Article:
homes? Now we have reached out to the Shanghai government for further clarification on this. We've yet to receive a response.

We do not know if those residents were ultimately sent to quarantine facilities or not. But it is heavy handed policies like this that are

making residents feel like they've lost any piece of freedom that they had left during these lockdowns.

And many of these videos you can also see that residents have actually been forced to hand over their keys to quarantine workers while they're being

stuck in these facilities so that workers in hazmat suits can spray disinfectant all over their homes, bring it indiscriminately over their

couches, furniture, artwork, spraying it all over their rooms. And in Shanghai right now people are not actually so much fearful of getting in

the virus itself.


WANG: But they're scared of testing positive and being sent away forced out of their homes to these quarantine facilities which many of them are in

extremely unsanitary and rundown condition, with many beds crammed together and lights on 24/7 with dirty toilet, sometimes even a lack of toilet

paper. Some of these facilities were put together so quickly that they don't even have beds, just wooden slats, for people to sleep on.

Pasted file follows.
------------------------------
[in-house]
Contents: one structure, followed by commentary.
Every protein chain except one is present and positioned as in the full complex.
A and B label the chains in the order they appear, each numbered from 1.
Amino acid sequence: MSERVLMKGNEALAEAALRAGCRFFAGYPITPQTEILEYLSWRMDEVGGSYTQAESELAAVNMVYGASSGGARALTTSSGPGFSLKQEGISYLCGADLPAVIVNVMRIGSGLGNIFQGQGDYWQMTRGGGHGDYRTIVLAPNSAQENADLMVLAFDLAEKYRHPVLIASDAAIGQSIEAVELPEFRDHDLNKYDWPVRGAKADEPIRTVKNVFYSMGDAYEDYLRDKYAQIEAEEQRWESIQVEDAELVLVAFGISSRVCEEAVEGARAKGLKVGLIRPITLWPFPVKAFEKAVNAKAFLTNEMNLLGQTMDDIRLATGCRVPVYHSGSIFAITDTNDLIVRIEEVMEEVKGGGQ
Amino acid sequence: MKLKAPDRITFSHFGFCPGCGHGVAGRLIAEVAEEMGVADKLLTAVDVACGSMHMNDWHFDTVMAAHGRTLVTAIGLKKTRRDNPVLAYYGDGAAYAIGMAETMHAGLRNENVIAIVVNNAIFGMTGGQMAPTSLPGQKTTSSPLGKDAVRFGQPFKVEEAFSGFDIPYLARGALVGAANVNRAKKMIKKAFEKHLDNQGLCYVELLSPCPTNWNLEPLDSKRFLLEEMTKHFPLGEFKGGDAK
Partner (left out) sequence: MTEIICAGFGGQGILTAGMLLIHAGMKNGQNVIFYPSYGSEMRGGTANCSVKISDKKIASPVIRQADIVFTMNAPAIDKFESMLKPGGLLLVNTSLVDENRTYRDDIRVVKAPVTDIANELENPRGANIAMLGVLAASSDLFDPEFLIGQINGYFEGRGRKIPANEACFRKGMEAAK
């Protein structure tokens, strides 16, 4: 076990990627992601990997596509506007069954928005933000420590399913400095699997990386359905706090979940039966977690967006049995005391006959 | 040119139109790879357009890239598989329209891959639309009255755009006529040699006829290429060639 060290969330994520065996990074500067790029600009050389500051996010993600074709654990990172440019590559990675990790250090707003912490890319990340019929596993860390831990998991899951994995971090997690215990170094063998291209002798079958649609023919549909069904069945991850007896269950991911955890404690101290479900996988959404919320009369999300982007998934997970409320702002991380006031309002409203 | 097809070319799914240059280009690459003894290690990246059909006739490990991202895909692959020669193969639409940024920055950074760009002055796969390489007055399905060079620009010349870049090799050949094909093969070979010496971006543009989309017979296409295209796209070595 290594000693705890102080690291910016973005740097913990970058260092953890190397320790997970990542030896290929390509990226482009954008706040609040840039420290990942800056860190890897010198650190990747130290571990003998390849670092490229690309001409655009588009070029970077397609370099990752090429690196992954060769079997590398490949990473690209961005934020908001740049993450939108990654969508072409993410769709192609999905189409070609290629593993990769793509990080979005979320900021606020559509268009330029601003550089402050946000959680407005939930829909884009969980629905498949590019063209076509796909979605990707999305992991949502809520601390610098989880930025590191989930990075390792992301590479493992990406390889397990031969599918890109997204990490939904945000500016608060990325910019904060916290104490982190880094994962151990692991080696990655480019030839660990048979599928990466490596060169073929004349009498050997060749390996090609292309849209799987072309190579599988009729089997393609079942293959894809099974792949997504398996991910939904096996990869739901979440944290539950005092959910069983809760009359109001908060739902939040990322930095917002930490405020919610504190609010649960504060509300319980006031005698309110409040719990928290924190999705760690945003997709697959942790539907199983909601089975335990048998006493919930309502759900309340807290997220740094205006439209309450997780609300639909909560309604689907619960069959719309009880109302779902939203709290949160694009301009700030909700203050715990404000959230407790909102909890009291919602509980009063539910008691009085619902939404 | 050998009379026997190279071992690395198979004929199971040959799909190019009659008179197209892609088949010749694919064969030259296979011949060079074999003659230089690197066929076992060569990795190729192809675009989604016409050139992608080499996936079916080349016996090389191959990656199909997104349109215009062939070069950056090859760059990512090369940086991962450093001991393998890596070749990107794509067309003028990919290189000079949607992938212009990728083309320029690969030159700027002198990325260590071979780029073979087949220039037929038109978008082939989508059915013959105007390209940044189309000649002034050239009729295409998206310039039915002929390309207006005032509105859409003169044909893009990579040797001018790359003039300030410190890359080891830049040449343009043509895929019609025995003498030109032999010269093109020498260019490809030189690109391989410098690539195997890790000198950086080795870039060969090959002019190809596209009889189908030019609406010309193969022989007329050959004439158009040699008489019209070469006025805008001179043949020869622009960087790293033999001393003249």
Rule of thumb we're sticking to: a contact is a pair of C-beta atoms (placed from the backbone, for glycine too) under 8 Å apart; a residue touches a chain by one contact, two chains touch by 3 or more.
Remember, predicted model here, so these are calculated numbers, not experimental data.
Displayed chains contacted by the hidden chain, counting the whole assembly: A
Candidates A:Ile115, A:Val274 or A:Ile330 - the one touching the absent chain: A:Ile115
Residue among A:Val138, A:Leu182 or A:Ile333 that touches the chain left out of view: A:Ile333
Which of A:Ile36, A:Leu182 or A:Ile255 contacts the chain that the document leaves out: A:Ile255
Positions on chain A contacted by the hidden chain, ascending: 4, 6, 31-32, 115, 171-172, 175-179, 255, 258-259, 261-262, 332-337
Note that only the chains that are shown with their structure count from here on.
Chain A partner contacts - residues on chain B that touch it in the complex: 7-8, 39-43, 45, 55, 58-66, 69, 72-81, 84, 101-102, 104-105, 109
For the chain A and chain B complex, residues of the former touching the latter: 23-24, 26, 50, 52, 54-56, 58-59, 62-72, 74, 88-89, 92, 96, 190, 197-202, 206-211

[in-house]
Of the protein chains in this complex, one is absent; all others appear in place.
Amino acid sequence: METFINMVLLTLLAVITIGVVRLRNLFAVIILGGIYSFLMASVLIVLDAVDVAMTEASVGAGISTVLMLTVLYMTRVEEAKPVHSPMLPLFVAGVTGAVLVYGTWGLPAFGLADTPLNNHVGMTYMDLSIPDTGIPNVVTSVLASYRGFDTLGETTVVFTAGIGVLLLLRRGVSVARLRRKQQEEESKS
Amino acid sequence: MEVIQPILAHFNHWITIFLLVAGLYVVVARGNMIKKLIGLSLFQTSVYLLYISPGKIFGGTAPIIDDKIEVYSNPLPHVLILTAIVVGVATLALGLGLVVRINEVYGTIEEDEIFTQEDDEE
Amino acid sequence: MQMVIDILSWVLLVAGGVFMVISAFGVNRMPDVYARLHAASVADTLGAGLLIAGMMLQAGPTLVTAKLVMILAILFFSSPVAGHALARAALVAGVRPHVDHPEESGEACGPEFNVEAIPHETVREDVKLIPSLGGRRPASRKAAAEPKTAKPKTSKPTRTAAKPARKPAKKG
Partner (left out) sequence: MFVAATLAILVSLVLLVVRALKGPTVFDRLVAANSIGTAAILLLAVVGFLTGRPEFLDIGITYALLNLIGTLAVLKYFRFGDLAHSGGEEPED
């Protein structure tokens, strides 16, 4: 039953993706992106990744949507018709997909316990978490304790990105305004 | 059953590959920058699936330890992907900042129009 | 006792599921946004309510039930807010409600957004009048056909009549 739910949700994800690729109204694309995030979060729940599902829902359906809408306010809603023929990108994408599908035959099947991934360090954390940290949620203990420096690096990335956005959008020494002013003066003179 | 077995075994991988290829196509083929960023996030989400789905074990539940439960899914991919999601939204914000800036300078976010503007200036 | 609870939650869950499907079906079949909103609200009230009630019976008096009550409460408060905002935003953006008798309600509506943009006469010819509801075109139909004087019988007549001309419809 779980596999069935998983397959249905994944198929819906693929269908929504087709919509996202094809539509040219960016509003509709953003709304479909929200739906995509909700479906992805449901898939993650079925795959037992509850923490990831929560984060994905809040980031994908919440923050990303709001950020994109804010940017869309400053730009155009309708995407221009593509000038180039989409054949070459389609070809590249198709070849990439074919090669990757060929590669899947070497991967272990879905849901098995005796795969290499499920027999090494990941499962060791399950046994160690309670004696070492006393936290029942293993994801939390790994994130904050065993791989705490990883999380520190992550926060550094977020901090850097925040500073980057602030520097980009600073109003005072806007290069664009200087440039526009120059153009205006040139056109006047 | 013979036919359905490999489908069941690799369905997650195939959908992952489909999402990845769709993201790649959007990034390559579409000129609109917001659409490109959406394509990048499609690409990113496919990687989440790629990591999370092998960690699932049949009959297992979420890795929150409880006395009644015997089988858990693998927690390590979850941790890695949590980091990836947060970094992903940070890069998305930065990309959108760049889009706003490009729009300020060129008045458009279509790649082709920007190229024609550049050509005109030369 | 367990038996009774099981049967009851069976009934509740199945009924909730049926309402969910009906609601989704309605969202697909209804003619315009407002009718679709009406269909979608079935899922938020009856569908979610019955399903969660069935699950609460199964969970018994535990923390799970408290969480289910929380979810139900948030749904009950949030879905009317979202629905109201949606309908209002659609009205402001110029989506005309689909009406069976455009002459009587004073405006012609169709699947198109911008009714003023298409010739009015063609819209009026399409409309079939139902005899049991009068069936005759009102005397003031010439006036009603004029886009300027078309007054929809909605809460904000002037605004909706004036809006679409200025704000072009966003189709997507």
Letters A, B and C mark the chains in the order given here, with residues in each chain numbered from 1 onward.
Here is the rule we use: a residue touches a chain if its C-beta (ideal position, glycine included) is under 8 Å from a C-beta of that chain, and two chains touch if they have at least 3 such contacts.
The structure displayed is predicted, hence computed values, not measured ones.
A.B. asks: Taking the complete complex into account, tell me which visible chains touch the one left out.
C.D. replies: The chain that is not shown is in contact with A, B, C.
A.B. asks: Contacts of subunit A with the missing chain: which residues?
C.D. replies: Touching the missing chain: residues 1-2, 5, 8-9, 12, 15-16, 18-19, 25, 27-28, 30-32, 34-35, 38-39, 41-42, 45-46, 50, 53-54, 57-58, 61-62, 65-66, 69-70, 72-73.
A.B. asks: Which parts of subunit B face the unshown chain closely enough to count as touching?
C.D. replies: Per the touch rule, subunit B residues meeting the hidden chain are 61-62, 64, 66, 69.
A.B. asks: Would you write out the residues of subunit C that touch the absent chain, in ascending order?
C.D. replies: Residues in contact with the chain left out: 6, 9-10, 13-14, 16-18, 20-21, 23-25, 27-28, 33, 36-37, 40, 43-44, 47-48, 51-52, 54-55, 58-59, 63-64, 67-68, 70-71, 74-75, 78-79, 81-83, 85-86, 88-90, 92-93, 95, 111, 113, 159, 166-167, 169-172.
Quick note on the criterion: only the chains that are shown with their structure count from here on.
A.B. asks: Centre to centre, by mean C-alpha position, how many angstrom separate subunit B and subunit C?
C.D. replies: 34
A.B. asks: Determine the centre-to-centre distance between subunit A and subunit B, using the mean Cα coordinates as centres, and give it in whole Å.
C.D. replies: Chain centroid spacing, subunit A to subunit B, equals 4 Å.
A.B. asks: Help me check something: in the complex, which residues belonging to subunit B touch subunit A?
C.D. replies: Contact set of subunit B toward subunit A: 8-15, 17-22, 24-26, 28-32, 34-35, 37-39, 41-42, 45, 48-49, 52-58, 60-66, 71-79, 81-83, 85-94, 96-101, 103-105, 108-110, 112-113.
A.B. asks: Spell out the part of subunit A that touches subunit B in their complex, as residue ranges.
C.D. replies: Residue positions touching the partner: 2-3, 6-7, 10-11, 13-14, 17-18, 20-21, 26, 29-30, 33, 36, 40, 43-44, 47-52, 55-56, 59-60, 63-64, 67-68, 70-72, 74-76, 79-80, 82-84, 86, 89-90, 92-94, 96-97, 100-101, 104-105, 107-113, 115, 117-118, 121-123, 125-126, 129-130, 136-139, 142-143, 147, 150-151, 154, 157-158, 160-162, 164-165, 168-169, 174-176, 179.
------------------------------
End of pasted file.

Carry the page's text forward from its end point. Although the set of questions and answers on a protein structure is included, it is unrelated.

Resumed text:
Now these lockdown policies they are causing extreme mental exhaustion for people it's taking a huge economic toll but right now in China, where zero

COVID is tied directly to the leadership of China's Supreme Leader. Critics are saying that zero COVID is now more about politics than science and Max.

It is here to stay.

FOSTER: Yes. I mean, it's just going to - it's certainly no sign of the going away whatsoever. Selina Wang, thank you very much indeed for joining

us. Now still ahead more on the war in Ukraine, we'll speak to Russia's Former Foreign Minister live on the show.

And we'll have more of the business news just ahead including why fears over the U.S. economy are proving kryptonite, even for crypto?


FOSTER: To remind of our top story the onslaught on the Ukrainian City of Odessa by Russian forces. Missile strikes have hit residential areas

destroying a shopping mall at a luxury hotel resort as well. Hypersonic missiles were amongst those deployed in the city.

While in Kharkiv new drone video shows a Russian tank being targeted close to where a civilian convoy was fired upon earlier on.

Let's speak to Scott McLean. He's live in Lviv for us keeping across all of these things and. Obviously Odessa a key target because it's so important